OMG stands for Oh My God, and LOL for Laughing Out Loud. Both are examples of SMS language or Textese (also known as text-speak ). 

When Jo and I were in England last weekend I (we) could not help but notice how many individuals whether alone, in pairs or groups, young, old, teenagers, pre-schoolers, bus drivers, drug dealers, men, women, magicians, magicianesses, walking, running, sitting, reading, waiting, sneezing, sleeping or heaven forbid having a conversation with a real person in their vicinity, had a mobile phone attached to their head or fingertips, all with that far away look of disconnection to their environment, in their eyes. This is not a criticism only an observation.  
We have been really slack since living in Switzerland when it comes to 'mobile' technology. Jo never has her i-phone 3 charged and my 2005 Nokia N70 (Young kids often ask my what it is. I don't think they believe me when I tell them it's my mobile.) pre-paid is usually out of credit or I have left it in one of my other jacket pockets. And this attitude has been freeing in many ways, not only from the financial angle but from a personal independence and self assured perspective also.

So as we sat on the train and I watched the new behaviours attached to this highly necessary social phenomena, as people grabbed for someone else's ring tone or message beep or continually scrolled through contact names, messages, missed calls or road maps they may need when next crossing the Sahara Desert, I tried to think how I could compassionately look at this situation, this new form of addiction that so nicely complements other established forms of distraction, in a helpful way, and I came up with this poem:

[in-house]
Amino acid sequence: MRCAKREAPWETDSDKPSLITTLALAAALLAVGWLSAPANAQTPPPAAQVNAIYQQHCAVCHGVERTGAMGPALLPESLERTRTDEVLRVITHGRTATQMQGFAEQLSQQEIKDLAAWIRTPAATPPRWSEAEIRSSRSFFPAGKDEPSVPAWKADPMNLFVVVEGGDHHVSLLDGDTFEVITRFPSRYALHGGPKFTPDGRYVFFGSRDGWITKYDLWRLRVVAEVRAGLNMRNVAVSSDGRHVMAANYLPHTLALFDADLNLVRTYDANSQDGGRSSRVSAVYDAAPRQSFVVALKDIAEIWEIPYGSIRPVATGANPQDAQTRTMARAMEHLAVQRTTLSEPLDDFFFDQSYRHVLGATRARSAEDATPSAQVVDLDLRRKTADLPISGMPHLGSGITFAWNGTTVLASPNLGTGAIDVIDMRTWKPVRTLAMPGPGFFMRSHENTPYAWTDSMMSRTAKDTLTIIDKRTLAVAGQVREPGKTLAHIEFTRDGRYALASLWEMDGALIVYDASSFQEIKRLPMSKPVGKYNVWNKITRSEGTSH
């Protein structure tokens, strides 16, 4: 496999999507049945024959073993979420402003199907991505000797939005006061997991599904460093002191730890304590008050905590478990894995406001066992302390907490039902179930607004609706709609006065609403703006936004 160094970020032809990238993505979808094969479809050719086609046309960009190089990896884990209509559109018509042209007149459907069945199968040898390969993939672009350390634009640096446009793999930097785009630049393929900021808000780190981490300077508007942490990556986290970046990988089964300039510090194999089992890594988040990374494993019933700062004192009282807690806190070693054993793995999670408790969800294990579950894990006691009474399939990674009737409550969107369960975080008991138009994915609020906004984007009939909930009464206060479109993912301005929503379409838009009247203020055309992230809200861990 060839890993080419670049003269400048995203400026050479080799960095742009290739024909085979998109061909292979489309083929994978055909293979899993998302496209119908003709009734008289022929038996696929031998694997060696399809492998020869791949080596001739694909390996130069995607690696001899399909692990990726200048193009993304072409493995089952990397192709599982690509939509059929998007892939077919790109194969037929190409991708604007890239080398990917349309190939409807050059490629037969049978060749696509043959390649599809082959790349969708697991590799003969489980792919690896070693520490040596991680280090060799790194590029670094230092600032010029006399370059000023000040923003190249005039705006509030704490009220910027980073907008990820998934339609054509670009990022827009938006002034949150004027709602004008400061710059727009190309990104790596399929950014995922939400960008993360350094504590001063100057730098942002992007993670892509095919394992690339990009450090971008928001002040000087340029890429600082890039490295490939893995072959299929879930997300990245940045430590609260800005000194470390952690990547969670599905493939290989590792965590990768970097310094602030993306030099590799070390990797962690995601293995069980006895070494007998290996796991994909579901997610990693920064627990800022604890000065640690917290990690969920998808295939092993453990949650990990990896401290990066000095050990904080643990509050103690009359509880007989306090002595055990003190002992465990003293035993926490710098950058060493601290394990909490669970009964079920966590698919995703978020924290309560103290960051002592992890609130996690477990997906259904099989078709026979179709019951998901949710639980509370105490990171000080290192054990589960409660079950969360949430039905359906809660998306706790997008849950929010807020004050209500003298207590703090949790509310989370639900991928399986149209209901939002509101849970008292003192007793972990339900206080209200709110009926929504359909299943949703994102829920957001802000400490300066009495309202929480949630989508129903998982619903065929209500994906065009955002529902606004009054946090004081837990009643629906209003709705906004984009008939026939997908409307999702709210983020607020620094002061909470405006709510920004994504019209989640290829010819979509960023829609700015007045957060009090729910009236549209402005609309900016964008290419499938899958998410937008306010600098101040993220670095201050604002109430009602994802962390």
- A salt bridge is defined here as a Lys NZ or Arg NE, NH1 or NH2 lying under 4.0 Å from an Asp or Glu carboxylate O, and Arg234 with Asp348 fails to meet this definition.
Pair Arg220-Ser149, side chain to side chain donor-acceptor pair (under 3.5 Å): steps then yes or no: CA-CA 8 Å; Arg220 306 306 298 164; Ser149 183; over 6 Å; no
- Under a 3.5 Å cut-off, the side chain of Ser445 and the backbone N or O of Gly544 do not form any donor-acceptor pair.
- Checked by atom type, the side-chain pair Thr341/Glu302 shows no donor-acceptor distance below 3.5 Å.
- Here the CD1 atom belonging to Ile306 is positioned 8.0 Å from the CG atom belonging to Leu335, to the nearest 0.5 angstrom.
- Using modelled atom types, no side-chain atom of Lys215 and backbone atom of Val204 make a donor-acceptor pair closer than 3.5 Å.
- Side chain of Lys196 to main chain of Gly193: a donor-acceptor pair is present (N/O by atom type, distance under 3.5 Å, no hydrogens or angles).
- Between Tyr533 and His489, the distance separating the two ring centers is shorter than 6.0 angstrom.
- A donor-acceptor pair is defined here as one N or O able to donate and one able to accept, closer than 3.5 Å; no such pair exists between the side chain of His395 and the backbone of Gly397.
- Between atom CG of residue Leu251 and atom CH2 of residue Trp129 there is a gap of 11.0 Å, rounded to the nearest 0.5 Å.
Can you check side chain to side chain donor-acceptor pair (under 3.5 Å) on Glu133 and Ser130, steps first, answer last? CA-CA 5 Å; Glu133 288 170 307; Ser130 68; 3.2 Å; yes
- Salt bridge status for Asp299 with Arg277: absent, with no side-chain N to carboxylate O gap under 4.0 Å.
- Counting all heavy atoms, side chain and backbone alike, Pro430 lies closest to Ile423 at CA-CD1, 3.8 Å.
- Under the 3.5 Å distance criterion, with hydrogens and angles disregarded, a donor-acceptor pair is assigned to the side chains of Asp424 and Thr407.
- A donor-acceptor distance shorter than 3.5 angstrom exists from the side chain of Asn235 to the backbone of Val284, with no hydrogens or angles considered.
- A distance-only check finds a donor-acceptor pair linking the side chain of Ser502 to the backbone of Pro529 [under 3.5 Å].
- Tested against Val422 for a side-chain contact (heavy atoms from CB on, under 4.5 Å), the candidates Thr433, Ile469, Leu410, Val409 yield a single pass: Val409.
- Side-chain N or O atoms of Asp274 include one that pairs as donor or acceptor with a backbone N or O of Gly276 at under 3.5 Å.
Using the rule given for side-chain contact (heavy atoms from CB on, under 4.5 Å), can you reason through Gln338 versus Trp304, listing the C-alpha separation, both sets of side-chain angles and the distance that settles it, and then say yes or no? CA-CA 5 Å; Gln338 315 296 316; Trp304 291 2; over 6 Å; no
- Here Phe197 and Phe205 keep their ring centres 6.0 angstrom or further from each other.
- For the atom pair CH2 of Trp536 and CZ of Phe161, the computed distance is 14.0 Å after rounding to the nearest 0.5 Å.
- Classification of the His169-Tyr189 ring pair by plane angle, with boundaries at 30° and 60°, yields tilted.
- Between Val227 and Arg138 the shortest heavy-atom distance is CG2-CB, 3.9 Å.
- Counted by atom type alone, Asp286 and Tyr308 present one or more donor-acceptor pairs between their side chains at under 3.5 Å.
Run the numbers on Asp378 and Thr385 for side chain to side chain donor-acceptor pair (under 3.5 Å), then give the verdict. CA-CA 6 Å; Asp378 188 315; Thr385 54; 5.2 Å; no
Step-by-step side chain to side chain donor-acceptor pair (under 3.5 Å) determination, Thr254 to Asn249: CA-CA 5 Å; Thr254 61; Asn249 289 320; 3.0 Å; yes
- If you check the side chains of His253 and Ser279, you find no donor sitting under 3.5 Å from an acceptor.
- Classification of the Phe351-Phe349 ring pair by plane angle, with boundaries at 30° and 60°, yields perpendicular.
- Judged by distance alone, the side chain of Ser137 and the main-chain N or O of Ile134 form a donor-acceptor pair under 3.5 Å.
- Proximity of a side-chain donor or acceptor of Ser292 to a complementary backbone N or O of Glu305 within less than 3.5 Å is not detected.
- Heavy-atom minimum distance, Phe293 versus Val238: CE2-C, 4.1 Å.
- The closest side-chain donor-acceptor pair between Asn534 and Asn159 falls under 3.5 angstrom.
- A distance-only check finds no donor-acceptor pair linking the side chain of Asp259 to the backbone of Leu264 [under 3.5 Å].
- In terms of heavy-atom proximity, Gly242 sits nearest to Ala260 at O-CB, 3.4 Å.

I-phones Anonymous.... You have been placed in a queue... please hold............
I forgot my flippin’ i-phone
And I’m starting to sweat
Maybe I’ve missed a call
A message at least I bet
And how am I going to twitter
I could really go a tweet
Or talk with my poor old mum
You know I call her every week
What if I miss out on a new app
And Jimmy gets it before me
He’ll text me every day for weeks
And that would outright bore me
What’s the up to date score
Between City and United
If Manchester gets up and wins
I know who’ll be totally shited
Apple, they might do an upgrade
And I’ll be left outside the door
Jimmy’ll be bragging about his five
And I’ll be stranded with my four
This is so bad, a disaster
I’ve never been this stressed
Except when I was stuck without signal
During last year's Boxing Day test
Now I’m thirsty and tired
And it’s only been two minutes
If I was live on ‘Millionaire’
I couldn’t phone home to win it
Is it Wednesday or Sunday
I don’t even know the date
Or the temperature, will it rain
Is my train running late
Okay I finally admit it
I’m hooked on a dial tone for all money
In desperation I finally scream
“Can you bring my phone to the loo please honey?”
(c) Rob Swales 2012